A lot or a little?
The parents' guide to what's in this movie.
What parents need to know
Parents need to know that Batman: The Dark Knight Returns, Part 1 is extremely violent. Based on the 1986 Frank Miller graphic novel, this Batman is a reflection of a mid-'80s vigilantism mindset as exemplified by Dirty Harry, Rambo, and so many other "tough guy gets even" movies from that era. Even compared to recent Batman films, this one is more violent, even if it's animated. The story is dark, and the complexities of the characters and the violence make it inappropriate for younger viewers. But for teens and parents ready for a superhero story with ambiguity, this is one worth seeing.
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What's the story?
It's been 10 years since Bruce Wayne was Batman (voiced by Peter Weller). He's trying to stay retired, but as Gotham City continues its descent into violence, crime, and decadence, he's finding it harder and harder to remain a civilian who's content to spend the rest of his middle-aged days driving his race car. A crime gang known as The Mutants are terrorizing innocent citizens at every turn, and if that wasn't bad enough, Harvey Dent (aka Two-Face) has been released from jail thanks to a plastic surgeon and a coddling psychiatrist. With this turn of events, Wayne becomes Batman once again, and as he fights The Mutants and starts to bring about a drop in Gotham's crime, once again, citizens and the media are torn as to whether or not Batman's brand of justice is right or wrong.
Is it any good?
As an adaptation of Frank Miller's 1986 graphic novel, BATMAN: THE DARK NIGHT RETURNS, PART 1 is an excellent exploration of the ambiguities of Batman/Bruce Wayne. It also examines the battles between good and evil that are fought not just in the good guy/bad guy sense of standard comic book fare, but within each individual. In some ways, with the steady media debate raging as a counterpoint to Batman's crime fighting, this could be seen as a satire of contemporary urban life.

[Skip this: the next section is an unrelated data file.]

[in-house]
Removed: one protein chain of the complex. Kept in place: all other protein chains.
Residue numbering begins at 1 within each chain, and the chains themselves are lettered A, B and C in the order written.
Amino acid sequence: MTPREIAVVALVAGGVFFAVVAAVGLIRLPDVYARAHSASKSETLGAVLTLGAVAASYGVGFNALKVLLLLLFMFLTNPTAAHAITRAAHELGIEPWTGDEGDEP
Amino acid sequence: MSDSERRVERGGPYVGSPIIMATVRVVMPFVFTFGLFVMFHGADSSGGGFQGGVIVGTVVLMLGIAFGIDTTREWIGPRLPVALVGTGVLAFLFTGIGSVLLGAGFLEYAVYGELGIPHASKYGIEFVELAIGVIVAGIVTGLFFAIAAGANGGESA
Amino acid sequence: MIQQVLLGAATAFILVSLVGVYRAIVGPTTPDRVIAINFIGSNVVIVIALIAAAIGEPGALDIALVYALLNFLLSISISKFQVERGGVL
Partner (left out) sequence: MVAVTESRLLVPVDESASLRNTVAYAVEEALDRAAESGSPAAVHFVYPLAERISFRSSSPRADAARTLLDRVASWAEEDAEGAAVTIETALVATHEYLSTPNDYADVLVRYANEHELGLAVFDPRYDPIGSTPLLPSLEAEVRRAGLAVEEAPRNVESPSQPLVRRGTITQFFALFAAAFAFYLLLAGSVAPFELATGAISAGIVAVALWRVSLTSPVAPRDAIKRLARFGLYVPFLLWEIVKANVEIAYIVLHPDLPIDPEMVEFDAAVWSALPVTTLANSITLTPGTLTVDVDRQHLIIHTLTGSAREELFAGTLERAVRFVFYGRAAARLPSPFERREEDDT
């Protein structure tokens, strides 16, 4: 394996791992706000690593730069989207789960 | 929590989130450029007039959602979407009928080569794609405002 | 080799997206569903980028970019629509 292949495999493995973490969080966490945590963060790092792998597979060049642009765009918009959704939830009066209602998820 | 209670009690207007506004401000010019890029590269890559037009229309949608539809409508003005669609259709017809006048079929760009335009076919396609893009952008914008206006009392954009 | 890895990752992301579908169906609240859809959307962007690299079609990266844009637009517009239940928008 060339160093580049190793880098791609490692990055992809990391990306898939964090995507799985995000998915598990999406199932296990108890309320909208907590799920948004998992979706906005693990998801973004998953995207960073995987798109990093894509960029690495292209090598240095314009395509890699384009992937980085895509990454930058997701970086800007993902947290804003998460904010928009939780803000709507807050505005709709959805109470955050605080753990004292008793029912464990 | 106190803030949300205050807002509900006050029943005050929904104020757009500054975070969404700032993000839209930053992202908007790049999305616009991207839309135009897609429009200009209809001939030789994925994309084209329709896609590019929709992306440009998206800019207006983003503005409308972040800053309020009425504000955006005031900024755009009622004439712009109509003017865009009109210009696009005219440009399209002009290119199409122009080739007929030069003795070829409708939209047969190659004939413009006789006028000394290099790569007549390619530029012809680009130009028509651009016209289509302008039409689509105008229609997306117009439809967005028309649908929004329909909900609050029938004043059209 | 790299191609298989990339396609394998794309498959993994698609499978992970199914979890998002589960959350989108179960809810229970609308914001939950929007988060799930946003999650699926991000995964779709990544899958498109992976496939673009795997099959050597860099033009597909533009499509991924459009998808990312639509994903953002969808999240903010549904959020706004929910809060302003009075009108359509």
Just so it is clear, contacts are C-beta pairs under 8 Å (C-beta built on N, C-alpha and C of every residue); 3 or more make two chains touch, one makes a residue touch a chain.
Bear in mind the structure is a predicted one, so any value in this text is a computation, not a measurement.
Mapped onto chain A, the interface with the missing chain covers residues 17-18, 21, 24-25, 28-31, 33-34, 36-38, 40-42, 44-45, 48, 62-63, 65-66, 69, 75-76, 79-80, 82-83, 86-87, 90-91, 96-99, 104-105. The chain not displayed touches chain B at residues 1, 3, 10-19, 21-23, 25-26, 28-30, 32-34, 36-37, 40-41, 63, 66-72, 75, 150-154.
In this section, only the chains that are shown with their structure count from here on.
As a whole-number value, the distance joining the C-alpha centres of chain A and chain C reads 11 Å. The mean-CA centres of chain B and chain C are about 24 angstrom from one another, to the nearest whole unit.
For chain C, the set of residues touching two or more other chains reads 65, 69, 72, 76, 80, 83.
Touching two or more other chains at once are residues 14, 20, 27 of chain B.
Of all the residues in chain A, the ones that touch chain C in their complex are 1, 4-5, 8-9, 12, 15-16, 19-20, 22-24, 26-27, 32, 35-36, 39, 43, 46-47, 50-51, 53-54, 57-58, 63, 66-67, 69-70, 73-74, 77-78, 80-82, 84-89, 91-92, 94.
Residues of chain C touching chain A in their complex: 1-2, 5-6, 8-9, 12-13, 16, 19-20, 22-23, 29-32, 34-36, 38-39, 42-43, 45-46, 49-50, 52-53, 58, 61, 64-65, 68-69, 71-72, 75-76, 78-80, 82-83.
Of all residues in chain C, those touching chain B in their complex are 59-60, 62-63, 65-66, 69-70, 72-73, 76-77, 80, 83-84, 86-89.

The only quibble with this is that the contemporary urban life being satired feels like it's stuck in 1986, where the '80s action movie mentality reigns -- where tough guy Dirty Harry-types shoot first and ask questions later, rule of law and due process be damned. Nonetheless, the complexities of the characters themselves transcends some of these more dated elements, making this an enjoyable, if extremely violent, experience.
Talk to your kids about ...
Families can talk about Batman. How has the Batman character evolved over the years? What has remained unchanged about his basic story? Out of all the different Batmans played or voiced by different actors, which one is your favorite?
What are your thoughts on the violence in this version of Batman? Does it enhance or detract from the central story?
In some ways, Batman: The Dark Knight Returns, Part 1 explores the idea of whether people should take the law in their own hands, or whether they should place their faith in the police and the due process of our court system. How does this debate emerge in the story?
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